The Believer's unconditional eternal union with Christ (Rom. 8:26-36; I Cor. 5:5; Eph. 1:3-5,13,14; 2:5-9; 4:30).


The Believer's potential to "fall away" from eternal union with Christ (Heb. 6:4-6,9-12; 10:26-39).


Preoccupation with showing the equal status between Jew and Gentile as the people of God (Rom. 1:16; 3:9-11, 22,23; 4:9-12; ch. 9-11; I Cor. 1:24; Gal. 3:28; Eph. 2:11-22; 3:6; Col 3:11).

Preoccupation with showing Israel as THE PEOPLE of God (2:17; 4:9; 5:3; 7:5,11,27; 8:8,10; 9:7,19; 11:25; 13:17).


Use of the word WORLD over 40 times with special reference to the global aspect of Christ's redemption (II Cor 5:19; Col. 1:4-6; I Tim. 3:16).  Paul uses kosmos in a broad manner.  It is a common Pauline term.

Not one usage of the word WORLD is in reference to Christ's act of redemption.  Rather Israel is seen as the only beneficiary (2:17; 7:27; 13:12).  Kosmos used only 5 times in a narrow context.


Israel's FALL into a state of "Lo Ammi" (Rom. 11; Eph 2).

Israel's RISE into the promised Covenant (8:8-13; 10:16,29; 12:24; 13:20)


One could argue that Paul's audience would dictate his language and style.  This is no doubt true.  However, in his consistent choice of these terms and metaphors he teaches a distinct body of theology. [4]   Such "Pauline" theology is absent in the letter to the Hebrews.  In a candid manner, Hebrews presents a theology that is very much converse of Paul.  Some scholars have even suggested that the author of Hebrews is not acquainted with Paul's teaching. [5]   I disagree, but the point of significant theological difference between Paul and Hebrews is noted.  Delitzsch, who favors the Pauline authorship admits:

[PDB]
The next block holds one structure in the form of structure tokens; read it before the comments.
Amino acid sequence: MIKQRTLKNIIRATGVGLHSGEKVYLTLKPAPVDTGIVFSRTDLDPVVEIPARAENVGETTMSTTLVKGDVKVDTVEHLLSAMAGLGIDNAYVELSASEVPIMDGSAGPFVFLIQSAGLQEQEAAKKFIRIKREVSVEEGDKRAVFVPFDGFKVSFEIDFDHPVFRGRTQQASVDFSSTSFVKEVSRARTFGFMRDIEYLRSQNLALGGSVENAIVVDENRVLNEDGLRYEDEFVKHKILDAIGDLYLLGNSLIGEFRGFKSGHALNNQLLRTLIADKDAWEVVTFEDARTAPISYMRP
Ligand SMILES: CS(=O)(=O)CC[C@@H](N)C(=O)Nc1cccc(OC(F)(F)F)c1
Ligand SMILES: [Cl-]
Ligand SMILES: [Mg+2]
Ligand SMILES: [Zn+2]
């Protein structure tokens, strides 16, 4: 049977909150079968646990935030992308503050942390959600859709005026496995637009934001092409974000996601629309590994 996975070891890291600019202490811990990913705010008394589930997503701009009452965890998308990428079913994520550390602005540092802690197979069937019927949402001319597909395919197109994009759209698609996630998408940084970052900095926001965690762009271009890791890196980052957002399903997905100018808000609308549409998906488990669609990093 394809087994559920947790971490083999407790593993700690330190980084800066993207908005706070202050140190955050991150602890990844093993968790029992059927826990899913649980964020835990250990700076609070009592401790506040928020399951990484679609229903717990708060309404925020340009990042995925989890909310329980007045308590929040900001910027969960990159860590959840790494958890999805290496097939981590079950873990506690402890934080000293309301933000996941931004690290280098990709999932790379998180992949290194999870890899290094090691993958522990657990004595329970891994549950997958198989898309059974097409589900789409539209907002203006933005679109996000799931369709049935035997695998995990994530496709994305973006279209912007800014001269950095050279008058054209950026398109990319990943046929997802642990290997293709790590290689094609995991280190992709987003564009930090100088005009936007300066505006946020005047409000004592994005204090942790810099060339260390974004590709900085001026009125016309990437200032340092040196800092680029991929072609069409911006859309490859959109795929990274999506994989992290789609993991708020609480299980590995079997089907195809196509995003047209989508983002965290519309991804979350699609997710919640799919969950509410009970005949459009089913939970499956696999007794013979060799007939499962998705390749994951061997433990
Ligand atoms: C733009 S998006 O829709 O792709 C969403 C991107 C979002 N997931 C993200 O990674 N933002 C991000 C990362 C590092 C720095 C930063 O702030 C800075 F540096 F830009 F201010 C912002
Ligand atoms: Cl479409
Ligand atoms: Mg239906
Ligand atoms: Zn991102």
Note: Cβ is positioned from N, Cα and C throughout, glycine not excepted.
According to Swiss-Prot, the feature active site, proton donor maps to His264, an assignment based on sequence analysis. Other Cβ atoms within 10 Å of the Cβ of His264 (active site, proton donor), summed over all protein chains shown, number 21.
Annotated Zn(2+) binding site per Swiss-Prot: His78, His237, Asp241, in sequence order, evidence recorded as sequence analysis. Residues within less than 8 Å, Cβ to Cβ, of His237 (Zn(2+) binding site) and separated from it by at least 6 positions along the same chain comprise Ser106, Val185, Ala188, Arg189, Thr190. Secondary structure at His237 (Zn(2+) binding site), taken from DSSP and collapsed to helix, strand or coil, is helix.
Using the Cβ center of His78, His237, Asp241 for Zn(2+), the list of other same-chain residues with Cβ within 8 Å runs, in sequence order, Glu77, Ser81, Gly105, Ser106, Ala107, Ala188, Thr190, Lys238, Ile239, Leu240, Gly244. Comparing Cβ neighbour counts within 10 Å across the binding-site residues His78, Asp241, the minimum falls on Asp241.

It always seems strange that we do not anywhere meet with those particular ideas which form, so to speak, the arteries of Paul's doctrinal system. [6]

George Milligan provides a fitting summary to this aspect of our study:

            Not only can Paul not be the author of the Epistle to the Hebrews, but it is extremely unlikely that the writer is to be sought in the immediate circle of his followers or friends: otherwise he would have reproduced more closely his master's teaching. [7]


There have been many suggestions offered as to who could have written Hebrews.  It would be tedious to attempt a review all the reasons why Barnabas, Luke, Clement, Apollos, Philip, Priscilla & Aquilla, Silas, and others have be promulgated as the author of Hebrews. [8]   However there is another potential author that has been overlooked.  This is none other than Peter, the Apostle to the Circumcision.  It is all too obvious that many have overlooked Peter as a potential author of Hebrews.  But why such an oversight is hard to tell because virtually no one addresses such a prospect.  Furthermore it is equally apparent that Peter's Apostleship to the Circumcision is also forgotten.  Yet it is clear from Galatians 2:7-9 that Peter's Apostleship to the Circumcision was in contrast to that of Paul's to the Uncircumcision.  Let it be remembered that both were given these distinct spheres of operation by Christ.